Poroshenko: Russia doesn’t need peace, it needs control

Ukrainian President Petro Poroshenko commented on a recent phone call in the “Normandy Format”. According to him, while talking to Russian President Vladimir Putin, he was once again convinced that the Kremlin does not need peace, but control.

He mentioned this during a speech at the Royal Institute of International Affairs (Chatham House) in London.

“The Russians are not interested in achieving peace. They are interested in gaining control. I felt it again on Monday, when, together with Chancellor Merkel and President Hollande, we held telephone talks with President Putin. It was yet another demonstration of Moscow’s empty promises. It was another demonstration of their attitude: if you want peace, you can have it: but only on our terms. No compromises. Only the right of might,” President Poroshenko said.

During his speech he mentioned a well-known saying of Winston Churchill: “An appeaser is one who feeds a crocodile, hoping it will eat him last”.

“There is a place where these true words are just as apparent as during that time in the United Kingdom. This place is Ukraine. And there is a crocodile, who several, if not many, would willingly feed today in order to secure their tomorrow. Many believe that as soon as Russia is fed, it will stop being a threat. I beg to differ. Russia does not have a problem with hunger, it has a worldview problem. It does not believe in things like democracy and human rights. It believes in things like ‘world domination’ and ‘spheres of influence’. It doesn’t play by the rules. It believes in only one rule: ‘Russia will win. Always. In spite of everything’,” he said.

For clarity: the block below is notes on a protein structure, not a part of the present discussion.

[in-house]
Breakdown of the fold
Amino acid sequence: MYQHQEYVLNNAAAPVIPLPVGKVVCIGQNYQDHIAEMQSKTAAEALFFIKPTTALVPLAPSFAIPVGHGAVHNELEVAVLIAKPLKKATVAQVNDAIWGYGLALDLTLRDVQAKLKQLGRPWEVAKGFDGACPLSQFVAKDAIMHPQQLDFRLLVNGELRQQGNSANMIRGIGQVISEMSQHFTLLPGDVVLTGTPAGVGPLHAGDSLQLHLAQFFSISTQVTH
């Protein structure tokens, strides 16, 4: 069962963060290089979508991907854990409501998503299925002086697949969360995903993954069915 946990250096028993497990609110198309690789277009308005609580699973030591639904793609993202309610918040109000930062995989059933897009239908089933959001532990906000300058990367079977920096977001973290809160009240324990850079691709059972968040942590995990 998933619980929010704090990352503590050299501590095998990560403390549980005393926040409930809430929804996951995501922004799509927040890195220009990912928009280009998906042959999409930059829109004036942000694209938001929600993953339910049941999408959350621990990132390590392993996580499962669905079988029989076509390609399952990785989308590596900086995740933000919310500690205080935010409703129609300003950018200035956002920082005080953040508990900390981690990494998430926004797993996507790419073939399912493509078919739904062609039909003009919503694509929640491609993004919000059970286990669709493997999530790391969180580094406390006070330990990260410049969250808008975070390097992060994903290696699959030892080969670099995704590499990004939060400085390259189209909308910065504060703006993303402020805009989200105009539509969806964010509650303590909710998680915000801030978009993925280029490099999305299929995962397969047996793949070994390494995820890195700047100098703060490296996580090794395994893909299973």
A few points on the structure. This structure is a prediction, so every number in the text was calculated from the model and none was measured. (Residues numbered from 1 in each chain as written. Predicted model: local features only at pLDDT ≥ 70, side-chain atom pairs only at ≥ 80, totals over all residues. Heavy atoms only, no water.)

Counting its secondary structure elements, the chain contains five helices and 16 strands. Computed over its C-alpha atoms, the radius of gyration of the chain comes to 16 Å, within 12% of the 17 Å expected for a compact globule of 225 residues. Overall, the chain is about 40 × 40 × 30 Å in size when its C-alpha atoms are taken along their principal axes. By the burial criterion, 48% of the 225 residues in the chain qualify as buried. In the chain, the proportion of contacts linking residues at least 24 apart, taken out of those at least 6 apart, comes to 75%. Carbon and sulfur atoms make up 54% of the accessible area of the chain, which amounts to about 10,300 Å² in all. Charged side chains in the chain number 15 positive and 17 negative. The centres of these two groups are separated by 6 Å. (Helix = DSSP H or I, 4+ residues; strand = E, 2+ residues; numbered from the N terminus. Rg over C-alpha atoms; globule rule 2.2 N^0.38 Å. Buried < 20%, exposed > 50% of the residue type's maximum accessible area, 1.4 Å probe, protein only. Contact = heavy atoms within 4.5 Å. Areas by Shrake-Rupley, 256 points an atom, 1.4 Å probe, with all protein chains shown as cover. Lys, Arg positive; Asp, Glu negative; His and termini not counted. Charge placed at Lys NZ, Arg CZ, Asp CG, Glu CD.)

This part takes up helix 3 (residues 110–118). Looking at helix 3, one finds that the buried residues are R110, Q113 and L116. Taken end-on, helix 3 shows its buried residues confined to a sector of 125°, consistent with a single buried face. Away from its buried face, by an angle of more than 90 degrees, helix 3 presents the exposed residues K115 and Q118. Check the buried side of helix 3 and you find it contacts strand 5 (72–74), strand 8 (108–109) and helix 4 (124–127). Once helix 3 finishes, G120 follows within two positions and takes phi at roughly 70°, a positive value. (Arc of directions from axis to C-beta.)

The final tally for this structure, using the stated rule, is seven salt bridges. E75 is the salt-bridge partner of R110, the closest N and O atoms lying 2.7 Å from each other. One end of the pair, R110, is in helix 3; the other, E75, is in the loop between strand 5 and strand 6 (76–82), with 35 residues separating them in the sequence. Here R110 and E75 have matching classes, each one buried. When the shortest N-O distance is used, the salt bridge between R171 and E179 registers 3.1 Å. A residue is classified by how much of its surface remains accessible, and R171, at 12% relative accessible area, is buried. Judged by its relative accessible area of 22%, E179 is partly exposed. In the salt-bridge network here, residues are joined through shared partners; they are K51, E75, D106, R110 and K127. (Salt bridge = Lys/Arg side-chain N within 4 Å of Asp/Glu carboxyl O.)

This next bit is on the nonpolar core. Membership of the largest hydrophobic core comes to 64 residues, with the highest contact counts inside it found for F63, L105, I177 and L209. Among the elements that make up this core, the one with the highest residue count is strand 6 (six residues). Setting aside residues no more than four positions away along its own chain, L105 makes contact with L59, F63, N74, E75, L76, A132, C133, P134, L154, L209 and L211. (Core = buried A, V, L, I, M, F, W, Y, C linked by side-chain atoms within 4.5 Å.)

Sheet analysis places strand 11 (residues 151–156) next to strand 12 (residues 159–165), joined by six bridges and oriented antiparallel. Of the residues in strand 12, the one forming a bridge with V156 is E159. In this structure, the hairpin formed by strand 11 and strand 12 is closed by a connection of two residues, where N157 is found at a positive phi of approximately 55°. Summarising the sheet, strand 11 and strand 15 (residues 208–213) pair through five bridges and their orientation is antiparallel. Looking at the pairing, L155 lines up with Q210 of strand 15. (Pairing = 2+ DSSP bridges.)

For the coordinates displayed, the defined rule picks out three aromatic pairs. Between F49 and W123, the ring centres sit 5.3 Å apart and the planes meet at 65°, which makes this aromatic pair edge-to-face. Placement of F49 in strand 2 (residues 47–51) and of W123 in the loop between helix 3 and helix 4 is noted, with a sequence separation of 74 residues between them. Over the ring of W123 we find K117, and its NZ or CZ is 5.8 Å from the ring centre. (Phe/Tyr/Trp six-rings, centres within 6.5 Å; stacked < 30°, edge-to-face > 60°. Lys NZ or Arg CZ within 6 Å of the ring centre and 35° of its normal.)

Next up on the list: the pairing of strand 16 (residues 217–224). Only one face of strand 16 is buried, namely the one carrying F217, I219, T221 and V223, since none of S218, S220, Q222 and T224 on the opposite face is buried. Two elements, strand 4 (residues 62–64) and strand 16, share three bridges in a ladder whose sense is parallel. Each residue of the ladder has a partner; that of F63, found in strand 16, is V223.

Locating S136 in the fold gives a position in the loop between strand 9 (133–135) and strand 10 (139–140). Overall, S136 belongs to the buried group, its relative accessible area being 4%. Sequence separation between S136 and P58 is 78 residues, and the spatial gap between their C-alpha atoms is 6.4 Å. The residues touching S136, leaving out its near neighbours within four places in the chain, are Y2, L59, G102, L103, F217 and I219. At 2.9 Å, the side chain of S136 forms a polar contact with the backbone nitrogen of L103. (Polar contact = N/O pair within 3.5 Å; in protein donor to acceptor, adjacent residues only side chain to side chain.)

This is why Poroshenko believes that the West needs to maintain its pressure on Russia, including pressure in the form of sanctions.

“It’s important for us to keep the sanctions against Russia. Don’t believe those who claim the sanctions have contributed nothing. First and foremost – fewer killed Ukrainians is far from nothing. Secondly, if not for the sanctions and the newborn Ukrainian army, Russian tanks would be standing significantly deeper in Europe. Putin started his ‘campaign’ in Ukraine with a sense of impunity. Thanks to the sanctions, and Ukraine’s willingness to defend itself, he has started to hesitate. And he needs to arrive at a feeling of inevitability. The inevitability of the joint response of the West,” the Ukrainian president emphasized.

  Ukraine, Russia, Poroshenko, Vladimir Putin, Sanctions